Combined Treatment to Resolve Tennis Elbow Pain

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( — April 6, 2018) — Though it looks like the snow will never stop here in the North East, the crocus tells another story. The calendar says Spring and the crocuses confirm that. Tennis lovers everywhere are itching to get outdoors. Sure they can play inside under fake lighting to highlight their fake tans. The real tennis hounds are dying to be out in the sun chasing those bouncing Dunlop balls dancing all over the court. The intensity of the Spring sun is only matched by the intensity of match play. Then all of a sudden it happens. Tennis Elbow rears its ugly head.

 Let’s get to the simple definition of tennis elbow. Repetitive strain on the forearm muscles causes an irritation of tissue connecting the upper arm (humerus) to the lower arm (radius and ulna). The tissue covering the muscle is called fascia. The fascia develops adhesions that restrict the muscle’s ability to move freely. The more strain put on the muscles, the more adhesions form in the fascial plane. Think about fascia with adhesions as scar tissue. Scar tissue begets more scar tissue if the offending irritant is not removed. So why am I telling you all of this, and what does it have to do with your elbow pain?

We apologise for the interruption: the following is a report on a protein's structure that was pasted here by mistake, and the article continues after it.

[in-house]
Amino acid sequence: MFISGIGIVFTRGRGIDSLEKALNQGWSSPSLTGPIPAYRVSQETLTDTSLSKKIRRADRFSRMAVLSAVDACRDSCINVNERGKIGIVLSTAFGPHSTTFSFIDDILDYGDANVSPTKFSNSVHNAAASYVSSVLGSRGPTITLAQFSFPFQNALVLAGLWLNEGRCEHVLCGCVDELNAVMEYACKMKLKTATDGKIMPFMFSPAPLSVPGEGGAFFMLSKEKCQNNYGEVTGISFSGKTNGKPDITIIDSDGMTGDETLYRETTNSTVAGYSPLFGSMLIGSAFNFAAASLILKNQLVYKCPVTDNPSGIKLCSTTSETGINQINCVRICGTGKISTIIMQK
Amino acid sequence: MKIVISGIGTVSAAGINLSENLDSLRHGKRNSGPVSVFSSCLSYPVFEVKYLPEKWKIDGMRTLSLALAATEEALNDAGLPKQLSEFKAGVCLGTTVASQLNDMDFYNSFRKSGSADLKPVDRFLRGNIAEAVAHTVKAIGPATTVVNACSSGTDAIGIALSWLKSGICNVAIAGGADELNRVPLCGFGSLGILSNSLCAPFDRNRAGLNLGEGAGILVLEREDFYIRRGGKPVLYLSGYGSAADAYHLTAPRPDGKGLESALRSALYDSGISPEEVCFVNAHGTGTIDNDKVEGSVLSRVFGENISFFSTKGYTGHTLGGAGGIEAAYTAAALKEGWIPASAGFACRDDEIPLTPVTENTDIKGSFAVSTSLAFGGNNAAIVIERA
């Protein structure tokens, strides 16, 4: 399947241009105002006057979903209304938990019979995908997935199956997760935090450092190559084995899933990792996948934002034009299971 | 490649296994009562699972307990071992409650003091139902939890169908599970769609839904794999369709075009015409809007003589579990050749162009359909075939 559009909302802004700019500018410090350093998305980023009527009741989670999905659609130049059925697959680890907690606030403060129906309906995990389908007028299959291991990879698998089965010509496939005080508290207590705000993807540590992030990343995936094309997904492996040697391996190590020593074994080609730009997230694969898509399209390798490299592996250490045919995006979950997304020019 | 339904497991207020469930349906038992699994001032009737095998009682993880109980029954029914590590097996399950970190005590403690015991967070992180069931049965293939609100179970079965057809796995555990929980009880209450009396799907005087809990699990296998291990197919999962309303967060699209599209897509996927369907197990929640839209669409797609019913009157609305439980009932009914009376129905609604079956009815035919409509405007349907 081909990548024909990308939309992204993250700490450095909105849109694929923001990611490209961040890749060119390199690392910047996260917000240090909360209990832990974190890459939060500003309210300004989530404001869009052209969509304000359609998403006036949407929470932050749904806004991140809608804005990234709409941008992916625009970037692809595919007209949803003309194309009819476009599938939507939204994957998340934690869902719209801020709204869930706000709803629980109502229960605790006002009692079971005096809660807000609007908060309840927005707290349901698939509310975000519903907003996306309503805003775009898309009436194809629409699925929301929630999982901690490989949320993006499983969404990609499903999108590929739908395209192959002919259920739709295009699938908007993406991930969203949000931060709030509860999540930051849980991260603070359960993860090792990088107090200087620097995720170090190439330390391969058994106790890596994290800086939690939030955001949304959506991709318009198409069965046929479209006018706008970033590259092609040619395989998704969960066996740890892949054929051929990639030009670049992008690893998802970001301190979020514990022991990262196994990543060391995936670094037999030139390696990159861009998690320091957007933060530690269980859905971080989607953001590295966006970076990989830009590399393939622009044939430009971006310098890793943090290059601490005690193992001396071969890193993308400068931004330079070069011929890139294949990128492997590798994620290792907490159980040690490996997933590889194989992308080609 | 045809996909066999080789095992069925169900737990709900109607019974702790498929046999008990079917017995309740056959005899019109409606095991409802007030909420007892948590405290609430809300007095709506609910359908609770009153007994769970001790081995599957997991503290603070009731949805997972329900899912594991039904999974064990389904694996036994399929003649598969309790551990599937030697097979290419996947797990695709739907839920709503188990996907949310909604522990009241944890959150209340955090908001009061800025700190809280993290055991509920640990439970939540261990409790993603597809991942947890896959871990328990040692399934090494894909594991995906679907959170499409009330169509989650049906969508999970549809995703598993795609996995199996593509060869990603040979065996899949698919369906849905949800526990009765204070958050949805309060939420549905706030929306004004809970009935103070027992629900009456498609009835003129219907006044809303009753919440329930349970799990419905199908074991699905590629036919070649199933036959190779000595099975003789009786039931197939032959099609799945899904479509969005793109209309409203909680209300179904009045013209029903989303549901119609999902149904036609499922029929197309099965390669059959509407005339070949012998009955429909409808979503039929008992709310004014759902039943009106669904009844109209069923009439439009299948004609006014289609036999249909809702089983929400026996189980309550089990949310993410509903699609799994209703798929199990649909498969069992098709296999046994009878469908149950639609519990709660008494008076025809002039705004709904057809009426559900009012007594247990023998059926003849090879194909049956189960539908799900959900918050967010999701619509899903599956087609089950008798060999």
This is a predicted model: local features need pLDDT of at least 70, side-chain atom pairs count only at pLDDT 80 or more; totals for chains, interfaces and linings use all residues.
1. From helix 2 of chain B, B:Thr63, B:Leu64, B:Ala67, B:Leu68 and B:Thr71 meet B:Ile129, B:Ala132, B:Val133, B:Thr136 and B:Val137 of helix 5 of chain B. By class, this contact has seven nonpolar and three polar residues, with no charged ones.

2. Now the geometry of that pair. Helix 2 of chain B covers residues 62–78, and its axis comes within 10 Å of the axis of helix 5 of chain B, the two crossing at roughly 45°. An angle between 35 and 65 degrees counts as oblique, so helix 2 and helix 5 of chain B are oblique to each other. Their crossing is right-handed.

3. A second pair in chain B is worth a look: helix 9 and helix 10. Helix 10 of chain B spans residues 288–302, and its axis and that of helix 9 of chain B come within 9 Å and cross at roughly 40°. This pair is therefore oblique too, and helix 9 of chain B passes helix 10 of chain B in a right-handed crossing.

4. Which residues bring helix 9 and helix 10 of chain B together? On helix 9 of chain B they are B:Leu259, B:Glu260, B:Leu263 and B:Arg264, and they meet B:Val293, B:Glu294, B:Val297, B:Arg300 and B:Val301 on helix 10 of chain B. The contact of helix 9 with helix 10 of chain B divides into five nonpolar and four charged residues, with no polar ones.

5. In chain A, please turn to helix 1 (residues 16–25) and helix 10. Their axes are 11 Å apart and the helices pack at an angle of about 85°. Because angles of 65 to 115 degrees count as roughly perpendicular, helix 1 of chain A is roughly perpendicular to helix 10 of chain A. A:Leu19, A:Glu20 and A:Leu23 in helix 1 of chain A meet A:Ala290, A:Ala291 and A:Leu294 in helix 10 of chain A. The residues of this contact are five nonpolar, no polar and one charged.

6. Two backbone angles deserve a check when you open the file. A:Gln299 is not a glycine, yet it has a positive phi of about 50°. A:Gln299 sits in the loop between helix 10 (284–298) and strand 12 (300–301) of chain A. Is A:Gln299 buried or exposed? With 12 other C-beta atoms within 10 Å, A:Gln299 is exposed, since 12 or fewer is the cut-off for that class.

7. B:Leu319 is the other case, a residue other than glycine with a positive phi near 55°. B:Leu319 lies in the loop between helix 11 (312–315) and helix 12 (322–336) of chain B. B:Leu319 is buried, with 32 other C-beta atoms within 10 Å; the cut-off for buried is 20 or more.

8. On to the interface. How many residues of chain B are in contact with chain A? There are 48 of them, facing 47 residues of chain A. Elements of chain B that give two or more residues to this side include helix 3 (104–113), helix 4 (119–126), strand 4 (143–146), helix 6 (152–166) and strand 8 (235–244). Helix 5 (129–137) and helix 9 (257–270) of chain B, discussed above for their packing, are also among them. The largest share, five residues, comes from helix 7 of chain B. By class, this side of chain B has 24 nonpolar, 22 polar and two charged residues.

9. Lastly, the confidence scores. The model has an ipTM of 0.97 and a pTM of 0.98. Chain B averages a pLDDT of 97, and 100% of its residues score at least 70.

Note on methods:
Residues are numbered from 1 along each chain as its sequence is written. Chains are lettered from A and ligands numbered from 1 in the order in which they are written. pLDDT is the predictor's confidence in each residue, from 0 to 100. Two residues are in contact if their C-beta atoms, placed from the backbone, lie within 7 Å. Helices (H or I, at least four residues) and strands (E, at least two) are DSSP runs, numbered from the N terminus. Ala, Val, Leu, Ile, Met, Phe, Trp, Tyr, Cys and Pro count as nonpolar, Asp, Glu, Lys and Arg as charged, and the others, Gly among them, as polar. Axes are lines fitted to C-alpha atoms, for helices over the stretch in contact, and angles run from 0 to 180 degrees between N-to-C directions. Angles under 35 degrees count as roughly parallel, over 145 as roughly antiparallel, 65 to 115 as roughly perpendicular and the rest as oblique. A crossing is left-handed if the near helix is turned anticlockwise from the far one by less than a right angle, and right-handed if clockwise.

If you understand the mechanisms causing you pain, you are more likely to treat it more intelligently. Most people are going to reach for an Advil or Aleve when they have tennis elbow pain. Prevailing logic would say that when the pain is gone the problem is solved. This is a complete falsehood. The body has a default memory that kicks in even when the pain impulse is blocked with Nsaid use. Now, don’t get me wrong it is nice to be pain-free for any length of time. Having a physical problem solved is more important to restore integrity to the joint. Oh and by the way your tennis game will be better too.

Currently, the best tennis elbow treatment uses a soft tissue technique called Graston. This method reduces the adhesions allowing the fascia to return to normal. This is followed up with the application of cold laser therapy. The laser beam shoots light energy into the cells of the connective tissue energizing them to heal faster. What this means is that cellular regrowth will happen faster. These treatments, when combined, offer the highest level of care to resolve tennis elbow pain.